Sex Glossary

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Sex Glossary
2013-03-14 13:17:12
Chapter 11 20 Sexual Psychology

Sexual Psychology Glossary
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  1. The tendency to like someone more if we have been exposed to him or her repeatedly.
    Mere-exposure effect
  2. The tendency to have contact with people equal in social status.
  3. The tendency for men and women to choose as partners people who match them, that is, who are similar in attitudes, intelligence, and attractiveness.
    Matching phenomenon
  4. A quality of relationships characterized by commitment, feelings of closeness and trust, and self-disclosure.
  5. Telling personal things about yourself.
  6. A story about what love should be like, including characters, a plot, and a theme.
    Love story
  7. A state of intense longing for union with the other person and of intense physiological arousal.
    Passionate love
  8. A feeling of deep attachment and commitment to a person with whom one has an intimate relationship.
    Companionate love
  9. Defining some concept or term by how it is measured, for example, defining intelligence as those abilities that are measured by IQ tests.
    Operational definition
  10. Berscheid and Walster's theory that two conditions must exist simultaneously for passionate love to occur: physiological arousal and attaching a cognitive label ("love") to the feeling.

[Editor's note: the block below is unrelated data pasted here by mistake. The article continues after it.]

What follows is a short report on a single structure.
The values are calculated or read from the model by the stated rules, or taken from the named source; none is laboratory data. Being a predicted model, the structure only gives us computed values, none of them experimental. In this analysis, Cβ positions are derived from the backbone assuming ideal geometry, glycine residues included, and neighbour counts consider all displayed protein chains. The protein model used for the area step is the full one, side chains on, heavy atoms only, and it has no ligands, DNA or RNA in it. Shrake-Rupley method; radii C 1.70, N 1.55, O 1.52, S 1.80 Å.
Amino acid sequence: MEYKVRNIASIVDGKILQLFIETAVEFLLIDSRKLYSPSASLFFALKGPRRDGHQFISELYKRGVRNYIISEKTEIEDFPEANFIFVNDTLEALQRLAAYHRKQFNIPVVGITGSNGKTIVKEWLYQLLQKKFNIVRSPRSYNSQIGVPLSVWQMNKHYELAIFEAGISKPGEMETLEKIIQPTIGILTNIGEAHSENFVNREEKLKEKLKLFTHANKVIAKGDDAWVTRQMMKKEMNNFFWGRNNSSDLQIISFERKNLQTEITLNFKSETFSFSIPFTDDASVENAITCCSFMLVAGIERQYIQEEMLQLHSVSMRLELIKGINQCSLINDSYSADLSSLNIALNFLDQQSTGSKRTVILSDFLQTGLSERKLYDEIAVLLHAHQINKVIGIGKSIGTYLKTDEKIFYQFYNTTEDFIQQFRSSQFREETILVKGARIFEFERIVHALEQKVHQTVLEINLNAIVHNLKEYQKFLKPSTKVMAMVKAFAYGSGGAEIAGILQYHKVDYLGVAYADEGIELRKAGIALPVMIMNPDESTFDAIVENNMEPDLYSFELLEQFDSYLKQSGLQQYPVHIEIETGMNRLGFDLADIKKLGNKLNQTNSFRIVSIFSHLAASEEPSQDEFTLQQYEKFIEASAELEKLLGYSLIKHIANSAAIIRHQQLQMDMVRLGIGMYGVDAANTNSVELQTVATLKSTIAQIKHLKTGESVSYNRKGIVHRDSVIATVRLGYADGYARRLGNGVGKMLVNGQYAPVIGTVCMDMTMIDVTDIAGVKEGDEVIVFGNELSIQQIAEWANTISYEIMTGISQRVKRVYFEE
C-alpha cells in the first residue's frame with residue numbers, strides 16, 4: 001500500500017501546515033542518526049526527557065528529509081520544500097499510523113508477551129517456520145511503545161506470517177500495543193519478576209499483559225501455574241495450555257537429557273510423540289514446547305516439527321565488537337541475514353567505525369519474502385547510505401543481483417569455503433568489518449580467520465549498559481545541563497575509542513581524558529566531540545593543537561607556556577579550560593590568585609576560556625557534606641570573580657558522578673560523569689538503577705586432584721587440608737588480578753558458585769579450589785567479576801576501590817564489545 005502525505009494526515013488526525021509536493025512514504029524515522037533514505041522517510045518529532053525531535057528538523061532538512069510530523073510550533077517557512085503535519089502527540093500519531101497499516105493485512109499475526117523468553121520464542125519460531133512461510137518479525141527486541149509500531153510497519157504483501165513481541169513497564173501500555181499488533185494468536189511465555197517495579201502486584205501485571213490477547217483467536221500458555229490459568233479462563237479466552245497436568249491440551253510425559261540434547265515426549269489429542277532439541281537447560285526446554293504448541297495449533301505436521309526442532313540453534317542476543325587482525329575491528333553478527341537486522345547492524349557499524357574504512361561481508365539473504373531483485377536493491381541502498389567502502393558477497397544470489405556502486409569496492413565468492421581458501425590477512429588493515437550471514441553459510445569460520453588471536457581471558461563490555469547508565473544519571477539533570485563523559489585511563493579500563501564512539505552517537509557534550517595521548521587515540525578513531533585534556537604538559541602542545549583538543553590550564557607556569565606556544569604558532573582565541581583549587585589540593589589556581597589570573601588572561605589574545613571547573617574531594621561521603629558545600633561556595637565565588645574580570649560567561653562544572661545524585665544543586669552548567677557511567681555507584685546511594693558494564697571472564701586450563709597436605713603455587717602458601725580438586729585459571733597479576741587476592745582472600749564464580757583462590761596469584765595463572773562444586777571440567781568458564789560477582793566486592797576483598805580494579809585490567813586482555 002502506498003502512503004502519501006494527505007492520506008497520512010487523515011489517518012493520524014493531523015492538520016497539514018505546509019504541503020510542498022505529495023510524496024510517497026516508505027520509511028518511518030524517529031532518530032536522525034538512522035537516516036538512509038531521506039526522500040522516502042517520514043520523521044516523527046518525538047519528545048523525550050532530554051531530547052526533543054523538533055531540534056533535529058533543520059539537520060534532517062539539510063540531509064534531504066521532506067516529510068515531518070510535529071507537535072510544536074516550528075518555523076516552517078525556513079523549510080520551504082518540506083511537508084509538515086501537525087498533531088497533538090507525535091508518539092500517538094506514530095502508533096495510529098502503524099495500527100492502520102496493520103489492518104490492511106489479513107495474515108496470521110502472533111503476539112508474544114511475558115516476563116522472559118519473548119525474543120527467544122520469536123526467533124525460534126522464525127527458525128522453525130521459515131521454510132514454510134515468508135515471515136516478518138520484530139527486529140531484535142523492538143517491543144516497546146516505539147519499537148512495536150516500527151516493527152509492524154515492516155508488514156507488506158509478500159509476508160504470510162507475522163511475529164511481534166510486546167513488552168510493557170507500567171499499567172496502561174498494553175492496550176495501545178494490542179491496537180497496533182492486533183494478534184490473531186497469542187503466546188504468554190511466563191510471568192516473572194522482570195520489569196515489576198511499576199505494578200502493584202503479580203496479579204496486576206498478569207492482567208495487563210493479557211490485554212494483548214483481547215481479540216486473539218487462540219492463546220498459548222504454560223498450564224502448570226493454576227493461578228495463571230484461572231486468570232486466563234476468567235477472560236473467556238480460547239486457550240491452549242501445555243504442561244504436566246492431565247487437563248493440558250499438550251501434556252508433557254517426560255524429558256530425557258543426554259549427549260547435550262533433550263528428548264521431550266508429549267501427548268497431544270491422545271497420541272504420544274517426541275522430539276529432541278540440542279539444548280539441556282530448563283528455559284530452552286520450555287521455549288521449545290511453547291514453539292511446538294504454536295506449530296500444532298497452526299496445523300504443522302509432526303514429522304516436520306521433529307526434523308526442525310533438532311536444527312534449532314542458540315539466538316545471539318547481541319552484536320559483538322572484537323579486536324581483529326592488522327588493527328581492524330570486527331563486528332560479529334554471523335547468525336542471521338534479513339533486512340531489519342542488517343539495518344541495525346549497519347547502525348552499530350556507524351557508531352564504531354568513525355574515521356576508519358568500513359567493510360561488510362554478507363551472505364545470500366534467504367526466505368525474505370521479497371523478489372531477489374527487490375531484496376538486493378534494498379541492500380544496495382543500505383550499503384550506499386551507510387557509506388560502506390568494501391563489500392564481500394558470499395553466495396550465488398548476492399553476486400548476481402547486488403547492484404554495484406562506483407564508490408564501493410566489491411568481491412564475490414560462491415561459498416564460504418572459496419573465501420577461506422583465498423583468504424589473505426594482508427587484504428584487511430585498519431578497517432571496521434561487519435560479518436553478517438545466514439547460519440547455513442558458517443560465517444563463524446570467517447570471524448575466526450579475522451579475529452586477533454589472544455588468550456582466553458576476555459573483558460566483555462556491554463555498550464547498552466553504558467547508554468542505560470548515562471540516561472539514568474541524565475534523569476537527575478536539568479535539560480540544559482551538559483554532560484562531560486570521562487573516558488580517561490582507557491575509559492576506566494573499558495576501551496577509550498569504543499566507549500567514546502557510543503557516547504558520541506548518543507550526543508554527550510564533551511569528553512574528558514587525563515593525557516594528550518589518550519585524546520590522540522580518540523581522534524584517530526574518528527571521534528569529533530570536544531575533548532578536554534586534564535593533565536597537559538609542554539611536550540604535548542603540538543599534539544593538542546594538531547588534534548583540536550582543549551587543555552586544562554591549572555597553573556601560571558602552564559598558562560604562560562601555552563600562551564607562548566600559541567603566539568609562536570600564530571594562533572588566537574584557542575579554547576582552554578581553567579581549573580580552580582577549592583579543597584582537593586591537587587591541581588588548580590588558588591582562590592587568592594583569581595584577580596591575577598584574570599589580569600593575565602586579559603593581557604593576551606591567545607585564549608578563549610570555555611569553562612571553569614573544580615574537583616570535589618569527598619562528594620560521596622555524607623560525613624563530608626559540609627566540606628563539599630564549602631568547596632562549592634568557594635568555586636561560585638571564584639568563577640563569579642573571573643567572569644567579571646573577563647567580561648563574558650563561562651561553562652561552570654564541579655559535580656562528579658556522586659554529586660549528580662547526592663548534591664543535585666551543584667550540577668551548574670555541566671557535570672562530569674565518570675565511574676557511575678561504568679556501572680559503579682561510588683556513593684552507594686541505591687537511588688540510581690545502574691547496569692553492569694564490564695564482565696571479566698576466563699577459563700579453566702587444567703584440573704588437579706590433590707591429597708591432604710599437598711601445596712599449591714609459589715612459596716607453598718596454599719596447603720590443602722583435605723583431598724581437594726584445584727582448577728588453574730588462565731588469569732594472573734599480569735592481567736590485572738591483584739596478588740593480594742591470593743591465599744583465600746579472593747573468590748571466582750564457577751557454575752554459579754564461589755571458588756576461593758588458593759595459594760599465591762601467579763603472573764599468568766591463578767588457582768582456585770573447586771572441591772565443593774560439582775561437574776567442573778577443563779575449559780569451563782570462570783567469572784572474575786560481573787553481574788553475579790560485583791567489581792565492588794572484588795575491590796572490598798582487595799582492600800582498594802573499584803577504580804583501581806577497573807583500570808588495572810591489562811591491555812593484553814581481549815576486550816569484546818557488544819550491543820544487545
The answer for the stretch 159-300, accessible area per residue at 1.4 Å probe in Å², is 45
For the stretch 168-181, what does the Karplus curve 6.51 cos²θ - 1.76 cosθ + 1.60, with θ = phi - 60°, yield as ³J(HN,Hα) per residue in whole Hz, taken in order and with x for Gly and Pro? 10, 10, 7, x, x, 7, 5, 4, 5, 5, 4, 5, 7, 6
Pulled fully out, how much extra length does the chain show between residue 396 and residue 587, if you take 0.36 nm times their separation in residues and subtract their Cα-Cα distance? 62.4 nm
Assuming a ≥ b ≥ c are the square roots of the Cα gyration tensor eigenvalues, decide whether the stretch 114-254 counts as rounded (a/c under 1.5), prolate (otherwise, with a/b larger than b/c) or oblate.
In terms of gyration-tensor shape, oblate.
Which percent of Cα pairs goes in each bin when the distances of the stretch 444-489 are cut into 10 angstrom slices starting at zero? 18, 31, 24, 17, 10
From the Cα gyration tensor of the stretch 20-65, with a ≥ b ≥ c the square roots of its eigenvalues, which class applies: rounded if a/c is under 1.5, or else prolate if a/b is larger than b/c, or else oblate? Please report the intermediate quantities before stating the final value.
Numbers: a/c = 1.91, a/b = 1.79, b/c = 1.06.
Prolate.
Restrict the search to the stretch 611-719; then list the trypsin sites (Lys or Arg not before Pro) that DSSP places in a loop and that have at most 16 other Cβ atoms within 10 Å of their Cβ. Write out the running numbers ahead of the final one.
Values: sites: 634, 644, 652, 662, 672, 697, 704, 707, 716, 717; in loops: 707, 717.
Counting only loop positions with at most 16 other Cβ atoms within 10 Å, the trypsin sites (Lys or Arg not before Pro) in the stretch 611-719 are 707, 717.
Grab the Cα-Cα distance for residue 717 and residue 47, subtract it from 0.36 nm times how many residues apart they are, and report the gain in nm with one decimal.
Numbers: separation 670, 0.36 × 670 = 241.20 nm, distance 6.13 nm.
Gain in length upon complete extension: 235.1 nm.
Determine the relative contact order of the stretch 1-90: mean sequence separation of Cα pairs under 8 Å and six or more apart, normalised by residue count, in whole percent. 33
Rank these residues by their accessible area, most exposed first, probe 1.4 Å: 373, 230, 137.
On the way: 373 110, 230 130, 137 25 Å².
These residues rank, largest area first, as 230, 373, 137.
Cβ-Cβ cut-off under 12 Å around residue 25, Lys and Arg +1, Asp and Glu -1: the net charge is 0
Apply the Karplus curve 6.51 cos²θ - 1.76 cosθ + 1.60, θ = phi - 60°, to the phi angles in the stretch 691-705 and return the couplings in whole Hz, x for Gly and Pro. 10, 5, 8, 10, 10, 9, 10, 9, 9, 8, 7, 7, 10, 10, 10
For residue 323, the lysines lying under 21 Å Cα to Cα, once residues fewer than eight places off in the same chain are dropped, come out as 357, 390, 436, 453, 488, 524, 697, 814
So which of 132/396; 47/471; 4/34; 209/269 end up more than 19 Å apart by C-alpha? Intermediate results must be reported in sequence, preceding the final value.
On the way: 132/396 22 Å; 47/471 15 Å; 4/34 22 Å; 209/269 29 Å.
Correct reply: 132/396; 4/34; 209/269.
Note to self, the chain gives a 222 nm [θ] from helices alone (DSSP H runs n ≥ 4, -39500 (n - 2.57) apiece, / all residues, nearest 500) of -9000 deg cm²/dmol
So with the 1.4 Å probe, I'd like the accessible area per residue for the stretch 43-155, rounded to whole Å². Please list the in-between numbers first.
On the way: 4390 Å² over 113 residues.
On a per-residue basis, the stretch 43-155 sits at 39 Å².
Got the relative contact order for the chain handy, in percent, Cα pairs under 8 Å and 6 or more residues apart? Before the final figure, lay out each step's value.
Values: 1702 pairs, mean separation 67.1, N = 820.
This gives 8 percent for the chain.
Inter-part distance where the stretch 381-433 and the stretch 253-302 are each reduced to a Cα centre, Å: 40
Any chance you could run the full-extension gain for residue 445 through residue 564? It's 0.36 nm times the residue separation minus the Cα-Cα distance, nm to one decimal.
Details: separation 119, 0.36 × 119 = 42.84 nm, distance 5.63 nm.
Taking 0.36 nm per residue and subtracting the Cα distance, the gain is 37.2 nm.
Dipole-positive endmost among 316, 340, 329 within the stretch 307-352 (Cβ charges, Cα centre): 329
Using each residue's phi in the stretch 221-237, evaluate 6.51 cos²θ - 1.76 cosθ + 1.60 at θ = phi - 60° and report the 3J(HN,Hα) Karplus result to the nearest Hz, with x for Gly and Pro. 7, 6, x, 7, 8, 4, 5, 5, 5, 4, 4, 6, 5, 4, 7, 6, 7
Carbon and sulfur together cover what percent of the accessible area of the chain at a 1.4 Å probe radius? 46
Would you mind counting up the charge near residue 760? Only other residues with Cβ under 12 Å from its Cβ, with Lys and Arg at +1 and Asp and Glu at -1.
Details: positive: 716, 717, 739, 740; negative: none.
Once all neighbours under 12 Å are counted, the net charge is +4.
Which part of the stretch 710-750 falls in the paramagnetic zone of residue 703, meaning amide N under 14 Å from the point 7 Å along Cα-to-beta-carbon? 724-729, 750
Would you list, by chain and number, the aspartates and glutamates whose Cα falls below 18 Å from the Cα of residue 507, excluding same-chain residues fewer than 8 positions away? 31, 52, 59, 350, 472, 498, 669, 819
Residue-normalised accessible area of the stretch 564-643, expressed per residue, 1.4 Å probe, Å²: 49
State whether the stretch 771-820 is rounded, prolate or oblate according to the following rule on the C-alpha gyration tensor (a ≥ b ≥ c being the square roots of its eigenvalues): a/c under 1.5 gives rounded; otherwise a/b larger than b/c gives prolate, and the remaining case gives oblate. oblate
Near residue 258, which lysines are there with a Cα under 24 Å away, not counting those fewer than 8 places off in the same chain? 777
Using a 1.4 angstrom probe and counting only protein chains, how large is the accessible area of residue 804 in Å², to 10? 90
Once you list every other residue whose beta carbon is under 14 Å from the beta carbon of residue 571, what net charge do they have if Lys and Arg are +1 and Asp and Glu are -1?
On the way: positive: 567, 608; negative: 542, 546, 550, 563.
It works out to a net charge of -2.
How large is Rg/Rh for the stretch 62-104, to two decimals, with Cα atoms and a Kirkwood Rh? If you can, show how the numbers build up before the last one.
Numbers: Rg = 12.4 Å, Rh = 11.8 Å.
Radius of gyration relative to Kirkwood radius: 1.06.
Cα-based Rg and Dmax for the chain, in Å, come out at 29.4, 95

Two-component theory of love
  11. When one is in a stage of physiological arousal (e.g. from exercising or being in a frightening situation), attributing these feelings to love or attraction to the person present.
    Misattribution of arousal
  12. What the speaker means
  13. What someone else understands the speaker to mean.
  14. A communicator whose impact matches his or her intent.
    Effective communicator
  15. Speaking for yourself, using the word "I", not mind reading.
    "I" language
  16. Making assumptions about what your partner thinks or feels.
    Mind reading
  17. Giving specific examples of the issue being discussed.
  18. Telling your partner what you are feeling by stating your thoughts clearly, simply, and honestly.
  19. Censoring or not saying things that would be deliberately hurtful to your partner or that are irrelevant.
  20. Saying, in your own words, what you thought your partner meant.
  21. Communication not through words, but through the body; for example, eye contact, tone of voice, touching.
    Nonverbal communication
  22. Telling your partner that, given his or her point of view, you can see why he or she thinks a certain way.
  23. A set of rules designed to make arguments constructive rather than destructive.
    Fighting fair